Cape Town - Premier Soccer League (PSL) chairperson Irvin
Khoza has apologised to the nation for the violent scenes that played out
during a Nedbank Cup match at the Moses Mabhida Stadium on Saturday night.
"We apologise to broadcasters including the SABC, SuperSport for
the attack on the media and the damaging of their equipment. It was an
unacceptable criminal act," said Khoza.
Several people were injured when Kaizer Chiefs fans stormed onto the
field shortly after their team was kicked out of the Nedbank Cup. Disgruntled
fans demanded the resignation of head coach Steve Komphela.
They ran amok, attacking security guards, stripping banners off the
display and burning stadium chairs.
On Monday Khoza said that the security guard that was seen being
brutally beaten up by fans during a broadcast of the event was a man named
Sabela Maziba, 32. Earlier, there had been confusion over whether the security
guard was a man or a woman.
"He had head injuries but he was treated at the hospital and
discharged. The only lady that was reported to us was one who was over the
drinking limit and was paralytic.
No reported deaths
"When she was taken to the hospital, they refused to assist her and
she was sent to sleep at the police station and she was released on Sunday
Among those who were treated in hospital following the chaos on Saturday
were - Innocent Mkhize, 28, Khumbulani Qwabe, 40, Sihle Mabheka, 28, Veli
Phawula Sibaya, 22. The four were discharged on Sunday.
Among those that were treated at the stadium were Howard Motlaung, 41,
Fulo Mthethwa, Delani Ndlovu, 28, Bhekani Zindela, 31, Sibusiso Mazibuko, 45,
Vukani Buthelezi, 33, Bhekabantu Qele, 29, Moses Mnguni, 36, Dlelabantu Cele,
43 and Lwazi Simelani, 26.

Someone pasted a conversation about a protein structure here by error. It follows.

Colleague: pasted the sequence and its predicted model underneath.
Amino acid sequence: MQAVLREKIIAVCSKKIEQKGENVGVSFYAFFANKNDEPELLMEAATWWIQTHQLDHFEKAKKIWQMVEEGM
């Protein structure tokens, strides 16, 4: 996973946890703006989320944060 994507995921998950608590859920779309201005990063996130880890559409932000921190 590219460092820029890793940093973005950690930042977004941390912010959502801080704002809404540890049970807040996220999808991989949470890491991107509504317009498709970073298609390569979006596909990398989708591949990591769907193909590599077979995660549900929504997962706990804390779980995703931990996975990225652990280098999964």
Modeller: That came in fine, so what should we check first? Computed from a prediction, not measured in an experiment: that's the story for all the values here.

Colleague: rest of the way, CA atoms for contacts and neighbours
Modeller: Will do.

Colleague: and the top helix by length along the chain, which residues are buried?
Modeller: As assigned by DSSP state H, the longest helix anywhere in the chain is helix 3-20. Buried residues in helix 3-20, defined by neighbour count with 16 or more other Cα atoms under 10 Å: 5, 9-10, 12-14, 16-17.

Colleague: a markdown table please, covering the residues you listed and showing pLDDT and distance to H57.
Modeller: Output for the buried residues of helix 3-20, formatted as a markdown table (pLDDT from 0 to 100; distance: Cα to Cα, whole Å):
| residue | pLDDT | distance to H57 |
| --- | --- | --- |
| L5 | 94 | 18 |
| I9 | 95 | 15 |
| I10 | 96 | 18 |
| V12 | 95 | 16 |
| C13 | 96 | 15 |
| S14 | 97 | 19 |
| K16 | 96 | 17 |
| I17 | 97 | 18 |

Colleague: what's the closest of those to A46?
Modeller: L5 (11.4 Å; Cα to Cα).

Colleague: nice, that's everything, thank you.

Khoza said: "At this point, nobody is deceased."
He said the league was shocked and concerned by the acts of extreme
violence and criminality that occurred after the final whistle was blown in the
match between Kaizer Chiefs and Free State Stars.
"There is no place and no justification for violence in football or
in our society."
Khoza said the damage caused by the violence would take more than a
generation to correct.
"These acts were not coincidental; they are deliberate,
premeditated and orchestrated by people whose aim is criminality."
The impact of bad policing
During the press conference Khoza apologised to South Africans, Nedbank,
other sponsors and to all those that were injured.
He said the motive and irreparable harm inflicted should be considered.
"There is a tone of violence and intolerance in our country at the
moment. The imagery going around on television and newspapers is not good for
our nation both domestically and abroad."
Khoza said if the country did not stop the violence "it would
destroy our nation".
He said those responsible should be held accountable.
One of the key issues facing the league, said Khoza, was security at
"From the league's perspective, there will be a thorough and
expeditious investigation into the incident that happened at Moses Mabhida,
including the events that led up to it."
He said majority of the spectators, were fun-loving, law-abiding
citizens and only a few were bringing the country into disrepute.
Khoza said various matters were raised with Police Minister Bheki Cele
on how poor policing was having a negative impact on the sport.